Friday, March 20, 2009

Angkor Wat, Cambodia

Finally we came to Angkor Wat, the main reason for my coming to Cambodia. We were now down to just four people; Max, Claire, Janice and me. Catherine and Nic were going on their own. Many on our biking tour had never heard of it, but having taught in a Springvale Primary School. (hi, all my readers at Heatherhill PS!), I had heard quite a bit about it.

We were met by our new guide, Him (pronounced "Herm"), who spoke excellent english and was full of knowledge.

Angkor was built in the 12th century as Cambodia's ancient capital, one of the man-made wonders of the world. The sheer size of the place is astounding, with it's two structures separated by a long path. The walls loom up 669ft to amazing roofing structures and towers, and tell stories of battles and love and deception. Researchers believe it represents Mt. Meru, home of the Hindu gods, but now it is used for Buddhist worship. The bas relief walls are intricately carved out of sandstone, and easy to follow the story. Much of it is in it's original glory, but a lot of restoration is being done. There are moats, pools, steps, even a library, and I kept asking the guide, "are you sure no one lived here?" I was assured that this was simply a temple, a place of worship, not a palace.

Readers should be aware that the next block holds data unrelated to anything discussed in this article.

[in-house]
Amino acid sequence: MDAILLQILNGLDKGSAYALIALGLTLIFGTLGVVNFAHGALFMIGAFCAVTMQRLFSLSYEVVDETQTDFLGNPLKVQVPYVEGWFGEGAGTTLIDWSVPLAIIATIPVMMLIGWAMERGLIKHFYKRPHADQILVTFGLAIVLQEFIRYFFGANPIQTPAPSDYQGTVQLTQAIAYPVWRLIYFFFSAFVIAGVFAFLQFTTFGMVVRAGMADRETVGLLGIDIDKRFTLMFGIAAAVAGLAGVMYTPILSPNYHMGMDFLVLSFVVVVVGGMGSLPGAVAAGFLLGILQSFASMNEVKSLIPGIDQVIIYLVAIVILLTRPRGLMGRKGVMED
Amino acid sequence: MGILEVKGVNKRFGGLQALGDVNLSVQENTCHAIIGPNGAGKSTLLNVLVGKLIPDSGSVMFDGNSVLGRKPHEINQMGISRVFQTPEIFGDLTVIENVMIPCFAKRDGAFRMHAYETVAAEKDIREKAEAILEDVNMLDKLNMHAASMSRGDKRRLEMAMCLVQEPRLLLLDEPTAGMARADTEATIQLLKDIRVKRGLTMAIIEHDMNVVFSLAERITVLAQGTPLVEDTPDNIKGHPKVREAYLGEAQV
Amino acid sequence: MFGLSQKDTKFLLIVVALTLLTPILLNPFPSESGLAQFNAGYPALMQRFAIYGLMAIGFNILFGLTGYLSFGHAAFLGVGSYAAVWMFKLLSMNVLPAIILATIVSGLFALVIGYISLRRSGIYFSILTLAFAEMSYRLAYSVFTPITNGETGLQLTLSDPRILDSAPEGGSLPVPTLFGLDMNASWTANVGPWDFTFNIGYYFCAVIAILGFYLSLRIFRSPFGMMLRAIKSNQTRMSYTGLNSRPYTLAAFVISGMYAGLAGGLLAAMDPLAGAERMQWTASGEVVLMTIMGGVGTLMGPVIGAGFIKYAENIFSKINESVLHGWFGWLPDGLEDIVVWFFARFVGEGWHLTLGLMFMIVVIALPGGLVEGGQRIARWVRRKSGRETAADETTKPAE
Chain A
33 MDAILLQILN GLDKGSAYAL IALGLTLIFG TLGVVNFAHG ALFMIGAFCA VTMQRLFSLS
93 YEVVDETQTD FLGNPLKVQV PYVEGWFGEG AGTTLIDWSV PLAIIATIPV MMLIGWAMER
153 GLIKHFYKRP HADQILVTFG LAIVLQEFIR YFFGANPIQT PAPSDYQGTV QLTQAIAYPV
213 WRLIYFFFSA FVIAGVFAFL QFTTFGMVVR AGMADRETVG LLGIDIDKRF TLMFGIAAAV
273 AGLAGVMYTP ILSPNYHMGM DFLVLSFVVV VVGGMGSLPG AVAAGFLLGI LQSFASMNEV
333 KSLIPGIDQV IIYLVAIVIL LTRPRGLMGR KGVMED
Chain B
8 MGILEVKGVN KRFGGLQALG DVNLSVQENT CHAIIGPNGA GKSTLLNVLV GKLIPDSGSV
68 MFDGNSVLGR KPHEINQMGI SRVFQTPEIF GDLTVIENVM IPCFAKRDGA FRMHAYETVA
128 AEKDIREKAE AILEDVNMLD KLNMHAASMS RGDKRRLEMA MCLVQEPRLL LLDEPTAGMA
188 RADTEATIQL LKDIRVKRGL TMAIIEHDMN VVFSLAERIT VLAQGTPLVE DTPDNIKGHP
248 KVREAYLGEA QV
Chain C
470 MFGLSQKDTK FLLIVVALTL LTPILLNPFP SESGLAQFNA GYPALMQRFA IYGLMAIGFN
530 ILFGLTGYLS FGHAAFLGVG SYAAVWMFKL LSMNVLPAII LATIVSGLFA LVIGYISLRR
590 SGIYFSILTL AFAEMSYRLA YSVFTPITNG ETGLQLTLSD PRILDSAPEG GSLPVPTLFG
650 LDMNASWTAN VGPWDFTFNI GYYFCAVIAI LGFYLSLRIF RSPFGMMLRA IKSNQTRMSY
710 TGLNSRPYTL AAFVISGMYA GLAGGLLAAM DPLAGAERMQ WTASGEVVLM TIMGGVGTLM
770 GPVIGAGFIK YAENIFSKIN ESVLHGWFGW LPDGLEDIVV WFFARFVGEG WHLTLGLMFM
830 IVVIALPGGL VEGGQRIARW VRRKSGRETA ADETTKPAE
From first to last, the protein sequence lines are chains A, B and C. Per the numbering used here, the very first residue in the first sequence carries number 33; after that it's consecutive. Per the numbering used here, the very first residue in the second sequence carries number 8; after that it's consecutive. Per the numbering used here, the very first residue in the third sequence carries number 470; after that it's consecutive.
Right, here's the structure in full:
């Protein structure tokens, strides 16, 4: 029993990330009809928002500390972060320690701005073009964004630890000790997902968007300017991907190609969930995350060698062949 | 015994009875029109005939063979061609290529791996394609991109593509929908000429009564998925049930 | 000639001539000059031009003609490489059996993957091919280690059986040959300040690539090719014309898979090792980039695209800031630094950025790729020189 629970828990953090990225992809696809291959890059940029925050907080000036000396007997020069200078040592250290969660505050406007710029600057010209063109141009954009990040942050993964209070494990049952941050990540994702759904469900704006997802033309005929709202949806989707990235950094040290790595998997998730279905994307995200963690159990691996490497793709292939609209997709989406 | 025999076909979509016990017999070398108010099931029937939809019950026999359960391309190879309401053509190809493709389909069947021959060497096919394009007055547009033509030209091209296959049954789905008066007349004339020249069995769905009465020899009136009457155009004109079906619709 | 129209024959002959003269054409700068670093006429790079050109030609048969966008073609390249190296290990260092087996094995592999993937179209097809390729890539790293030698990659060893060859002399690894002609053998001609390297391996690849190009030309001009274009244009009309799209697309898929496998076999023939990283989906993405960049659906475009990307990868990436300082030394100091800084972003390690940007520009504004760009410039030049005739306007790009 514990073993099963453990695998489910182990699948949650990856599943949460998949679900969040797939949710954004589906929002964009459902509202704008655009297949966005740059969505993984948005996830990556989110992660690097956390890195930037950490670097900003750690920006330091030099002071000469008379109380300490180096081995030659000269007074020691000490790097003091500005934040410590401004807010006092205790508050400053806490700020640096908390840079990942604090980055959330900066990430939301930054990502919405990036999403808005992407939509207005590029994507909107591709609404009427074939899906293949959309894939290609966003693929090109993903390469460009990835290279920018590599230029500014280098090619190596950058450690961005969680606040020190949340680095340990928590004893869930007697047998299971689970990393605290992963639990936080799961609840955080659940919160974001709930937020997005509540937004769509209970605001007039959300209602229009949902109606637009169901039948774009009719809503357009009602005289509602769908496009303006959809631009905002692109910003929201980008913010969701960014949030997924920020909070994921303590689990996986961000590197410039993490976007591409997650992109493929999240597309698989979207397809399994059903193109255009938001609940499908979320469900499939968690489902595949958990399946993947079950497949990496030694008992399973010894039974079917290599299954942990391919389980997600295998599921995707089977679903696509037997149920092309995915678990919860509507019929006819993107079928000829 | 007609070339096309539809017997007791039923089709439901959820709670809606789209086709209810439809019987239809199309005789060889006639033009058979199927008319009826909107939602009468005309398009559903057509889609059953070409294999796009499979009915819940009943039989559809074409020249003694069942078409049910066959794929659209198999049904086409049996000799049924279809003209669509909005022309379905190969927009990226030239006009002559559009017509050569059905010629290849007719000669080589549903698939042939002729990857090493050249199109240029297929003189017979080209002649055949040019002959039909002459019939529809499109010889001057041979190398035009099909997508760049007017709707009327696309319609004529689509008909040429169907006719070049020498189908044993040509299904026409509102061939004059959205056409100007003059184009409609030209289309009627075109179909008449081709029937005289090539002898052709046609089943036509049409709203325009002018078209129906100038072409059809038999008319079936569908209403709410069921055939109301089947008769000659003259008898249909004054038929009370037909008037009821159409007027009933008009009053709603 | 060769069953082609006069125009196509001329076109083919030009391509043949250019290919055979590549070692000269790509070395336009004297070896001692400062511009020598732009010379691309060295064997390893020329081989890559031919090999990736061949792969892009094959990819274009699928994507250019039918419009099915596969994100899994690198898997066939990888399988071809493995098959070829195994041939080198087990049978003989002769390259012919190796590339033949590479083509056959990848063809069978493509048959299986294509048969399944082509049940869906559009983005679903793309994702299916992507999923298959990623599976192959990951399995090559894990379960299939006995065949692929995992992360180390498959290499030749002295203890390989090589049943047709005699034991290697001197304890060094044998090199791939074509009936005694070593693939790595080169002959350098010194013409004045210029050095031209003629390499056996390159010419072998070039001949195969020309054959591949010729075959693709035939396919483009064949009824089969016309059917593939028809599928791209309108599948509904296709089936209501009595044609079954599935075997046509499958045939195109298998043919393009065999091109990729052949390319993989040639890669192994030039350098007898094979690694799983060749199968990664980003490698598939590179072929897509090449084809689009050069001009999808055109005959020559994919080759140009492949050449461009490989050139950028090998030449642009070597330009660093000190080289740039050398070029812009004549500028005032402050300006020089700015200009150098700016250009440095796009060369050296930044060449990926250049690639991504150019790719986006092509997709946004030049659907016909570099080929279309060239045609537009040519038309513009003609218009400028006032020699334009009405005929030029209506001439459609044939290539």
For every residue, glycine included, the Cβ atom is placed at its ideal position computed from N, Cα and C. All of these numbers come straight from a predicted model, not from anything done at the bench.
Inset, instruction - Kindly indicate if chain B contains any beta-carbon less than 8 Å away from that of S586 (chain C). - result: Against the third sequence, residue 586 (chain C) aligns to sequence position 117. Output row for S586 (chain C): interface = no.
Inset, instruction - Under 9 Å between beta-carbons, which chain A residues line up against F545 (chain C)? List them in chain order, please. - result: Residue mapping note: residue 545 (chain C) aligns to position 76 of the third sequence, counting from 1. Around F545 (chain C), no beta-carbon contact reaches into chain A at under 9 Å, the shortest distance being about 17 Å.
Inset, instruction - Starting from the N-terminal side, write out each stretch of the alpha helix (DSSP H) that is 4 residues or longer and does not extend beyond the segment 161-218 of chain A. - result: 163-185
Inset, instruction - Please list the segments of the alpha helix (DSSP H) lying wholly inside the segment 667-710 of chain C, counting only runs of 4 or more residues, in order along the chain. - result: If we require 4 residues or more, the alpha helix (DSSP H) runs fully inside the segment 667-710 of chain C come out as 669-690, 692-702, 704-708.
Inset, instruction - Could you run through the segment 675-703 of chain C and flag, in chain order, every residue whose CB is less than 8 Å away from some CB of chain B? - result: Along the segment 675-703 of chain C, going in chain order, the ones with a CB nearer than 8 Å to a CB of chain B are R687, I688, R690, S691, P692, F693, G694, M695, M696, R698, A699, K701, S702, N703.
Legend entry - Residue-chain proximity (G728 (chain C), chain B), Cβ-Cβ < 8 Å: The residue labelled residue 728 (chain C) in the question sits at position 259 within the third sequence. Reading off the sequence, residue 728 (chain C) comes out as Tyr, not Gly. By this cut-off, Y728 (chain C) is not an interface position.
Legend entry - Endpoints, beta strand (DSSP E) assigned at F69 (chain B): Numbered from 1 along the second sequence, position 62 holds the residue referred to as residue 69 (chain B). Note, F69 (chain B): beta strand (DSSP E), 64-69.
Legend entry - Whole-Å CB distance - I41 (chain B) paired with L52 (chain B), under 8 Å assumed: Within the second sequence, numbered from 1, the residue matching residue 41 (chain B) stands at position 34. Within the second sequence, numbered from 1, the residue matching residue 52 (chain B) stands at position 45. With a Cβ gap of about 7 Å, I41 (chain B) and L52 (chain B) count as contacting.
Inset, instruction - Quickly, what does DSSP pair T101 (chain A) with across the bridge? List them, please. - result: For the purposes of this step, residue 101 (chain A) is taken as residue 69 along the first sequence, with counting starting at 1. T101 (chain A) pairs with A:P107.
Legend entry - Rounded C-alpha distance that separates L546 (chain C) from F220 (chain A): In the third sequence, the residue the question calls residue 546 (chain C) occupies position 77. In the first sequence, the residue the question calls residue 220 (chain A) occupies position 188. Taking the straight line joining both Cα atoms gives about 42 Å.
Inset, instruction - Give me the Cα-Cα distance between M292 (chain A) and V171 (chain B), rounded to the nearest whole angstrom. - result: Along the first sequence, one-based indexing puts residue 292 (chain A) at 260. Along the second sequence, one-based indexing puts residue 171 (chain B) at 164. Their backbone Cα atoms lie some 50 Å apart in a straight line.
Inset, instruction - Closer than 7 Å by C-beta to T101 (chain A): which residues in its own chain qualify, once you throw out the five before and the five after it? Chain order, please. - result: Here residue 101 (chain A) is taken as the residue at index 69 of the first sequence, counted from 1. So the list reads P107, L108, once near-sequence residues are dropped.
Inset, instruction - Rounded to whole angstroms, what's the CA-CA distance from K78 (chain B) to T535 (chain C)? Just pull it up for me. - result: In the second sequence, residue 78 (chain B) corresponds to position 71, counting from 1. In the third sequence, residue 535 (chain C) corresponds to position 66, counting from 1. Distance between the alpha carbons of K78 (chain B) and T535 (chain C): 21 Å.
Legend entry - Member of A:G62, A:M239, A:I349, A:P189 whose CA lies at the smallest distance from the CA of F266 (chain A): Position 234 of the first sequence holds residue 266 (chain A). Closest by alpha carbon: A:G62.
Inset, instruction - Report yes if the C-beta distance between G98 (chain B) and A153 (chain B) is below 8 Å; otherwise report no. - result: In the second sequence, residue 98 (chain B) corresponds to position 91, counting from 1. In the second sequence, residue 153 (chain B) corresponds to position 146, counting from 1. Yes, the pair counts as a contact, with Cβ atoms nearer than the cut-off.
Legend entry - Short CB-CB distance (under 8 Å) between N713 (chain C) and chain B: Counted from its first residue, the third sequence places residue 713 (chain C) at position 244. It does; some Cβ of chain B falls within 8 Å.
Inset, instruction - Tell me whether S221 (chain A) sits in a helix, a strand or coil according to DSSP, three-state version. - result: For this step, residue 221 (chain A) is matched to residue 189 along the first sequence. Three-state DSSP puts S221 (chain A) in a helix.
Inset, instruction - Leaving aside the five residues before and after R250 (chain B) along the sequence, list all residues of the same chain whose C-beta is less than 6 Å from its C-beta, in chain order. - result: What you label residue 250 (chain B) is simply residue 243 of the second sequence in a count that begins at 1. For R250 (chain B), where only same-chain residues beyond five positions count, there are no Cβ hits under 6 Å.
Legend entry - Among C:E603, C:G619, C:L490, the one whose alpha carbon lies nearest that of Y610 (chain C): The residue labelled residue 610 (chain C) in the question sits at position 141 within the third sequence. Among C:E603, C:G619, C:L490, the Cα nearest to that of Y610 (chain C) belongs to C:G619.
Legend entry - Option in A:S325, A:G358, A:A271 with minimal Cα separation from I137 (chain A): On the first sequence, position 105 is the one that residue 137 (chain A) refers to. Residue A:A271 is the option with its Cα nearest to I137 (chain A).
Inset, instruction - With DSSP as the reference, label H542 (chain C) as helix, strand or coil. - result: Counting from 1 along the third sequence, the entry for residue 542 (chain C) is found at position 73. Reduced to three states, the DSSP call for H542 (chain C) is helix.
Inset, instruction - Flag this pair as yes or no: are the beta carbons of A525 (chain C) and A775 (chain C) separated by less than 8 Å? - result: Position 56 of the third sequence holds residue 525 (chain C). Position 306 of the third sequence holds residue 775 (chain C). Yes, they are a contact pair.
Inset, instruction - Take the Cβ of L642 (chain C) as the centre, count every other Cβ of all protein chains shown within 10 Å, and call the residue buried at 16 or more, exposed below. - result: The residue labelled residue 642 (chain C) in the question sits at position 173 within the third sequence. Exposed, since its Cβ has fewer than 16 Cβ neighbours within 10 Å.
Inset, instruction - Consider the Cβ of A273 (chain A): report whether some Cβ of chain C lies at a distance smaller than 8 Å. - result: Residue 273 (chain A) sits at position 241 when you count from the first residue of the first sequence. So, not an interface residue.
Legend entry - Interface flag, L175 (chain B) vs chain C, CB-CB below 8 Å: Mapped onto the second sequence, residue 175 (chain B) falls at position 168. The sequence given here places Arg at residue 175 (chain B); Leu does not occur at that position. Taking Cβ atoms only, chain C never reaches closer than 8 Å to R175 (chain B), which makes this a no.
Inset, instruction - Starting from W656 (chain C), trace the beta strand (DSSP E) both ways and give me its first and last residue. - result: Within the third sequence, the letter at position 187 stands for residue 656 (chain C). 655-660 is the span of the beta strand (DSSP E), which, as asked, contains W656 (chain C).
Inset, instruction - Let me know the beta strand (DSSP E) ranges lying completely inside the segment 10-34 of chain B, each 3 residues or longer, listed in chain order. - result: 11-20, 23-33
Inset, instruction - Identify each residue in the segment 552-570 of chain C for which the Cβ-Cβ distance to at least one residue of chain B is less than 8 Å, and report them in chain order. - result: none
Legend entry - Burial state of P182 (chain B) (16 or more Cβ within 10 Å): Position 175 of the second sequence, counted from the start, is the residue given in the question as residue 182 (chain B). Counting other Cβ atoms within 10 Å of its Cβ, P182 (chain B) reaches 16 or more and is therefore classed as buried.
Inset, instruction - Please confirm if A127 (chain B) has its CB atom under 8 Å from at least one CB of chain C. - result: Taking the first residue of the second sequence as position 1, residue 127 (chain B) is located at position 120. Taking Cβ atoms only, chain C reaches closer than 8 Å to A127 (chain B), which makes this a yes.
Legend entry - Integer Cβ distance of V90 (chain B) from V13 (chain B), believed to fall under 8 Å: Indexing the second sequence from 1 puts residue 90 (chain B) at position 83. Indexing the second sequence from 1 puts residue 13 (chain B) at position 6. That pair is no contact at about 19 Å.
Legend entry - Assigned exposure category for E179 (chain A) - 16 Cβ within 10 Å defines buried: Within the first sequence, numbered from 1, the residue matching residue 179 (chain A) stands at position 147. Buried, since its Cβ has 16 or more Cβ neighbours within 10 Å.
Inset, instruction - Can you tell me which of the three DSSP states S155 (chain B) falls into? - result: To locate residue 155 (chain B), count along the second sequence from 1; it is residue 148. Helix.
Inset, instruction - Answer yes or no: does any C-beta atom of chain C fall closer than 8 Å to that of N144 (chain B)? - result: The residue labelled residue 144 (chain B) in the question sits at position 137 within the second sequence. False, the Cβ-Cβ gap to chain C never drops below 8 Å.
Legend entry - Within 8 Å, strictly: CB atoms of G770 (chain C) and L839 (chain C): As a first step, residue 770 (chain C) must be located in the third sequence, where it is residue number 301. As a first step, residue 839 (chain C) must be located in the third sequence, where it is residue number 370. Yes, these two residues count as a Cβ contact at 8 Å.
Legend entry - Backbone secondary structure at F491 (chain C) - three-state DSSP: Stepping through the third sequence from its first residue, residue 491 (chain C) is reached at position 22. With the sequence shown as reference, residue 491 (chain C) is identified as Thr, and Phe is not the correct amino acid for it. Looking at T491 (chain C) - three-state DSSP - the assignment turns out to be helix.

We spent two hours exploring Angkor Wat, hearing the history, and marvelling at the architecture, but the heat was getting to us, so we finally went back to our hotel.

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